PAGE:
Friday, March 25, 2011
Analysis: Mercury from fish safe for cardiovascular patients.
On Wednesday 23th of March a new analysis revealed that the level of mercury from fish sources is not associated with cardiovascular disease, stroke or with a high risk of heart problems. Scientists from different institutions such as (Harvard School of Public Health and Brigham and Women's Hospital in Boston) gathered information from 2 separate studies about men and women lifestyles, diseases incidences, medical histories and more than 173,000 responds were collected.
Researchers examine toenail clipping of 3500 cardiovascular patients and 3500 other people without the disease, both men and women. Afterward, they measured mercury and selenium concentrations in the toenail samples of the heart patients. The selenium shows to protect against the mercury poisoning.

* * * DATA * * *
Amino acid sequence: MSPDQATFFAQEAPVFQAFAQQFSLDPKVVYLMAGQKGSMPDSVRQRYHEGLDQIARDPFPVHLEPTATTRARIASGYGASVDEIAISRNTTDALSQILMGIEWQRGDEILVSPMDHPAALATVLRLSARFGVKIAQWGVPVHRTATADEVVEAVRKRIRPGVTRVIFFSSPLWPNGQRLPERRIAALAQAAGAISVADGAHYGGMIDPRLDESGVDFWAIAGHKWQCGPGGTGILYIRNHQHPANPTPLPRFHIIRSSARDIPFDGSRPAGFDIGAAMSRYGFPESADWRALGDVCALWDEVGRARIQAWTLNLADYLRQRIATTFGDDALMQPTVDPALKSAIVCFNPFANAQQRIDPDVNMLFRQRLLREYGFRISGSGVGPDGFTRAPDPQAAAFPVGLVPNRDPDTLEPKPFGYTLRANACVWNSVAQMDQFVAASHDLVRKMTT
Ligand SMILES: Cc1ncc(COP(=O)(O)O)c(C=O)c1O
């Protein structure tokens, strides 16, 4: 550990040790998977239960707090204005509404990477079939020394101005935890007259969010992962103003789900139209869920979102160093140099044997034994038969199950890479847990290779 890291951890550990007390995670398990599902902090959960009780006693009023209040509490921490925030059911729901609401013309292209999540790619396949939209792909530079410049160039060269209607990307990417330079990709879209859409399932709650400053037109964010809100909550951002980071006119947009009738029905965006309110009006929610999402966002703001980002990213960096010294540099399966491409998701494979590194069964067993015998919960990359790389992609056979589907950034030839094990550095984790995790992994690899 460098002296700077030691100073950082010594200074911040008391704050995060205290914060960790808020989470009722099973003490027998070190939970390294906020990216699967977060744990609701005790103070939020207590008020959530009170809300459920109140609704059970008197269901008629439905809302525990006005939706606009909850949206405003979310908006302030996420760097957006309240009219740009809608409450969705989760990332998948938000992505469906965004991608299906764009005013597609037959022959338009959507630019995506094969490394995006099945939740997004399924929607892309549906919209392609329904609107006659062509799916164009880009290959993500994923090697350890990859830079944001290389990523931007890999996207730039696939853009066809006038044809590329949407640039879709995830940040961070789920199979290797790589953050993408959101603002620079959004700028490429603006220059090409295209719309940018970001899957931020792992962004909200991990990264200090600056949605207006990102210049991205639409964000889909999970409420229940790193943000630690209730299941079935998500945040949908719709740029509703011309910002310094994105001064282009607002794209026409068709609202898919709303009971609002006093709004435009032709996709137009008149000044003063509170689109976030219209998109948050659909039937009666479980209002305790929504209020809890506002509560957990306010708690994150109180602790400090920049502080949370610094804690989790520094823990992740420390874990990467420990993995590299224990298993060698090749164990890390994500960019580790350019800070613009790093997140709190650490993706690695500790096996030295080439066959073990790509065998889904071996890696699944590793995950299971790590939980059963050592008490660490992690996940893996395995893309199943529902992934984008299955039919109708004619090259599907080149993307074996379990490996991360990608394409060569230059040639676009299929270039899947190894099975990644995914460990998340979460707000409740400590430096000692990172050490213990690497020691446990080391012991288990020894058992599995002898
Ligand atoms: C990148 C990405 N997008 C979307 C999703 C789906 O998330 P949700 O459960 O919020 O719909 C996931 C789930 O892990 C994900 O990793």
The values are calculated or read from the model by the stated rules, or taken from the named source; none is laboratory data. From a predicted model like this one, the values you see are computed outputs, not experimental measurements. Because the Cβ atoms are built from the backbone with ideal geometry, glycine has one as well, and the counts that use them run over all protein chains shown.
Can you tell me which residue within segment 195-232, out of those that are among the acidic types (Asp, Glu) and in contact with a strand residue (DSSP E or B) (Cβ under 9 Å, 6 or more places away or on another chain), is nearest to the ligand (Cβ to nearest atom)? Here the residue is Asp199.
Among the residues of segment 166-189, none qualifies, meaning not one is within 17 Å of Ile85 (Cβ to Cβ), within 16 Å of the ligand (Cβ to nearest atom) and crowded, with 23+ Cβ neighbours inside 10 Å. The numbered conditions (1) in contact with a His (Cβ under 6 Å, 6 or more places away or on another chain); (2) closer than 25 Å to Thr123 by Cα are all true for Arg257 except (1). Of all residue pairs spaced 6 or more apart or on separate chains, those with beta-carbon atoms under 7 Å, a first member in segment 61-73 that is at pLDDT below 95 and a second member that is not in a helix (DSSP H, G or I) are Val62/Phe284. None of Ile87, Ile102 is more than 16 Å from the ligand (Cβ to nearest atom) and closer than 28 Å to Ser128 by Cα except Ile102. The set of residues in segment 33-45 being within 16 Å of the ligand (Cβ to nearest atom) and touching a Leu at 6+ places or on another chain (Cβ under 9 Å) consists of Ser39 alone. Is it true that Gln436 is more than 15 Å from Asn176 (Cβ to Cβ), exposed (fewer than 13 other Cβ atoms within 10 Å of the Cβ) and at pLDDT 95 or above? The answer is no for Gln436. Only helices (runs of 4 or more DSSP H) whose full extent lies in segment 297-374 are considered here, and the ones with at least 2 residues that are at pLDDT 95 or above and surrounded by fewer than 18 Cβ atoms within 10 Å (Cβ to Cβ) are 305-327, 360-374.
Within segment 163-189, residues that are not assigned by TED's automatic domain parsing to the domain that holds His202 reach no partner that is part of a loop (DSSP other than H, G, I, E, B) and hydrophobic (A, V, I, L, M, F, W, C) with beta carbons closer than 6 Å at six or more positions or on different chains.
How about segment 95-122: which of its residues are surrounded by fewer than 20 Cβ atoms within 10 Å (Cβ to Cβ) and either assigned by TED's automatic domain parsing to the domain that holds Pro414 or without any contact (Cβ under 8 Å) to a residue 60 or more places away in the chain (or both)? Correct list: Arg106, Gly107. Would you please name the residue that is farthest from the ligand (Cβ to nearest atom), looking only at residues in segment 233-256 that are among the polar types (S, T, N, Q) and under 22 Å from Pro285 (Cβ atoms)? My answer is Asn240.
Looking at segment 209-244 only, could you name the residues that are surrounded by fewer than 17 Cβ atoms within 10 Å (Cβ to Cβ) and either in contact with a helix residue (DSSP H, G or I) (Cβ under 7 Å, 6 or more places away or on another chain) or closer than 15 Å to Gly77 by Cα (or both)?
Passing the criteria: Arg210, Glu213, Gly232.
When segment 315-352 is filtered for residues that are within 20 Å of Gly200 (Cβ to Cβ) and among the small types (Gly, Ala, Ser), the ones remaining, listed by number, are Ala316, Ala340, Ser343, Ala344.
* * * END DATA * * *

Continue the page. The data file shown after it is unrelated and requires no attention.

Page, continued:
The conclusion was released in the New England Journal of Medicine that no proof were found in the study that mercury exposure can affect coronary heart disease patients. Fishes such as swordfish, tilefish and mackerel tend to stock up more methyl mercury. Thus the U.S. Food and Drug Administration has recommended pregnant women, toddles, and nursing mothers to limit their consumption of these fishes and other seafood. Fish is good for health as it contains omega-3 fatty acids and needs to be included in a meal twice a week for a balance diet.